The Beginnings of my Story
The Institute for Justice and Reconciliation’s interest in the publication of this book is linked to the larger project the Institute is supporting and which is being conducted in Burundi, titled ‘Documentation of Past Violations in Burundi: A contribution to the work of the Truth and Reconciliation Commission’. This book is an attempt to add to the documentation of the critical but unrecognised contribution made by Burundian women during and after the violence that gripped the country for more than a decade.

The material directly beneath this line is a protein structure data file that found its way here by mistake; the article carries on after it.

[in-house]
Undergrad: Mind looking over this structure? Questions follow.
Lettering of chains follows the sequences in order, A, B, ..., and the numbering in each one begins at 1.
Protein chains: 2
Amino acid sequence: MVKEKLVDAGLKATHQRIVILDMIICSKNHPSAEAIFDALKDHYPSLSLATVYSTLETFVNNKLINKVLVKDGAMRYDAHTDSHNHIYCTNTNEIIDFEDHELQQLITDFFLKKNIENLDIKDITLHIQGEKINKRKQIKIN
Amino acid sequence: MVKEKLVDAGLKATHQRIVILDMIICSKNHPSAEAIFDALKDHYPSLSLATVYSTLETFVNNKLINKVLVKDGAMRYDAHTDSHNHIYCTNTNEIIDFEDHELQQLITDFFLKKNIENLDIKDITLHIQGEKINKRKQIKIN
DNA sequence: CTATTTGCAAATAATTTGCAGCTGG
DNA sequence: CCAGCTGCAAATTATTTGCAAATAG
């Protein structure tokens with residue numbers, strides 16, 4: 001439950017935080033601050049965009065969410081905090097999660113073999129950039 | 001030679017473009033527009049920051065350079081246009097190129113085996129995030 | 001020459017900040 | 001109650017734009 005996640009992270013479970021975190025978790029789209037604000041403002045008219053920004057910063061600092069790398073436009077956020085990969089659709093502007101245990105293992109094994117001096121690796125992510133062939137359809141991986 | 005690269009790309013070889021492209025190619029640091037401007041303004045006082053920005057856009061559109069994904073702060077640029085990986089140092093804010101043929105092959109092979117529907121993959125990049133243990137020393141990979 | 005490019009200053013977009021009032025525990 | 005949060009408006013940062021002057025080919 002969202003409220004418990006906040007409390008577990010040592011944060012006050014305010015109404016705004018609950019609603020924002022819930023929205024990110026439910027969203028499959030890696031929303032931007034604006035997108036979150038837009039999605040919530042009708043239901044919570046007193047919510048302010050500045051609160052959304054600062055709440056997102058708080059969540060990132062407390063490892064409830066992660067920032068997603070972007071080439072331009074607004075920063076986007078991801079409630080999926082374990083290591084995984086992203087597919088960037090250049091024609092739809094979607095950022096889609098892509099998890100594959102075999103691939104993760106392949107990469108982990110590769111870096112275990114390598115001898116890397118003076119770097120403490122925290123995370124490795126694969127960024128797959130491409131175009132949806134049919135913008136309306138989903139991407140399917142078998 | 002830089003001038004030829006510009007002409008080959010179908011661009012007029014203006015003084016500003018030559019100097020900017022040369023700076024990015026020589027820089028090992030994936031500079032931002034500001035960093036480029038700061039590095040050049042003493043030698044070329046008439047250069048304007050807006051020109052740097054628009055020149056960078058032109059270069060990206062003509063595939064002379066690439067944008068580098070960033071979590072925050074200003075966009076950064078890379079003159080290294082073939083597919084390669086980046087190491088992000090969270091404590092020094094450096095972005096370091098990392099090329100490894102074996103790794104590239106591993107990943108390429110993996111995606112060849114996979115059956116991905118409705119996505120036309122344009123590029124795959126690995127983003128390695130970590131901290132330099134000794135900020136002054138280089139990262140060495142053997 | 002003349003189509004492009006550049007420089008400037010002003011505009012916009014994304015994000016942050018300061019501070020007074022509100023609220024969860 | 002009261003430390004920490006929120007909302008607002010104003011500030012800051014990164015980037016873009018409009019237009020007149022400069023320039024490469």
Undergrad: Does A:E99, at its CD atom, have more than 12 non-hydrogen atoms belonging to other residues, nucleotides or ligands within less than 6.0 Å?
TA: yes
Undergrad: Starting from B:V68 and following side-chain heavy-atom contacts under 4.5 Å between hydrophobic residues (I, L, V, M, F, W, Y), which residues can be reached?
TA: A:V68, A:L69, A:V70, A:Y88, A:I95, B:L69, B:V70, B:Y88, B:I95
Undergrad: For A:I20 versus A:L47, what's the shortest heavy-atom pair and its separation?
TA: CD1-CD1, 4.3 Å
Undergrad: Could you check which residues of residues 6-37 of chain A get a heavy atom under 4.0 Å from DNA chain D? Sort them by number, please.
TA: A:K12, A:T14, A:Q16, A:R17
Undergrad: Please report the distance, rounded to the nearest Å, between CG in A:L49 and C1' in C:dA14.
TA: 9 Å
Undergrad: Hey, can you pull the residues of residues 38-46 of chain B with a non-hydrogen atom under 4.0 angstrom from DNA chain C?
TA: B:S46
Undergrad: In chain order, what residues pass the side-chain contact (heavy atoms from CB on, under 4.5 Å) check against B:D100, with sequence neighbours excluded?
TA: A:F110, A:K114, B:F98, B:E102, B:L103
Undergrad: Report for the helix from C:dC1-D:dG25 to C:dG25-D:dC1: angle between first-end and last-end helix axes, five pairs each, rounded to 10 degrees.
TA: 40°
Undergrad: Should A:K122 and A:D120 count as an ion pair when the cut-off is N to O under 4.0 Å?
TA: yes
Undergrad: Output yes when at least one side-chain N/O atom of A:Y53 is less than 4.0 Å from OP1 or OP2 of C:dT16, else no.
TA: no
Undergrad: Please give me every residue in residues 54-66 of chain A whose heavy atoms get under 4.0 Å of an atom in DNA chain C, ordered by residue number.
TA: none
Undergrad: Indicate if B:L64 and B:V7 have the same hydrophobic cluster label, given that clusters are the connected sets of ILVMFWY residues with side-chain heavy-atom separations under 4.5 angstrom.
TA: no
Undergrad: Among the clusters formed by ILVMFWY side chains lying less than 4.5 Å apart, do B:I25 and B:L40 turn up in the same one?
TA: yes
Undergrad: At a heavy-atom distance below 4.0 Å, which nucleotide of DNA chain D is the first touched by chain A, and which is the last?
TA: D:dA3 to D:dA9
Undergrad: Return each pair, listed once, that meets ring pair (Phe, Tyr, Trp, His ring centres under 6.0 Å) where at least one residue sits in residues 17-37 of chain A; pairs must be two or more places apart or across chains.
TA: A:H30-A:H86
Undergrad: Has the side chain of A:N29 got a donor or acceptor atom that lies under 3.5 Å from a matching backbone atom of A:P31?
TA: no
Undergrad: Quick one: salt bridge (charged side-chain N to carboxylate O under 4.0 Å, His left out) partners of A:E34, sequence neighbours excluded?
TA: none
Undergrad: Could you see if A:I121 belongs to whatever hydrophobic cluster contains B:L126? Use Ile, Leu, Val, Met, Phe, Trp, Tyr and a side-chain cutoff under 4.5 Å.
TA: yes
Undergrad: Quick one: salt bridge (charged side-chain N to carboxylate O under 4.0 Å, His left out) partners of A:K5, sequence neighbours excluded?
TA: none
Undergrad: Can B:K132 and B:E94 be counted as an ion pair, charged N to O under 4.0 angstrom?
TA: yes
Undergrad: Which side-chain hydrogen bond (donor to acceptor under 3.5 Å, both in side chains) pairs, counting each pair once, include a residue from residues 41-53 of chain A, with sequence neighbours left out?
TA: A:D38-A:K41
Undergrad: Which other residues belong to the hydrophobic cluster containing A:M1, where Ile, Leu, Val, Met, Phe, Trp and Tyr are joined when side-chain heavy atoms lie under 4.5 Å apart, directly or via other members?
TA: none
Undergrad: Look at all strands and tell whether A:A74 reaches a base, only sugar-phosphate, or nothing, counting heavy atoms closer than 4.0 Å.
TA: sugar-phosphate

The civil war that followed the assassination of President Melchior Ndadaye from 1993 to 2006 is estimated to have caused the loss of more than 300 000 lives. It created an unprecedented flow of refugees across the Great Lakes Region and forced hundreds of thousands of people into internally displaced persons camps. But, above all, the civil war adversely affected millions of people who were exposed to inhumanity, pain and suffering. Many people still live with the memories, trauma and pain of the war today. Throughout history, Burundian women have played a critical role in peacebuilding. However, their role remains largely invisible. They remain the unsung heroines of Burundi’s journey towards peace and development. This book is an attempt at ensuring that their contribution is documented, acknowledged and honoured.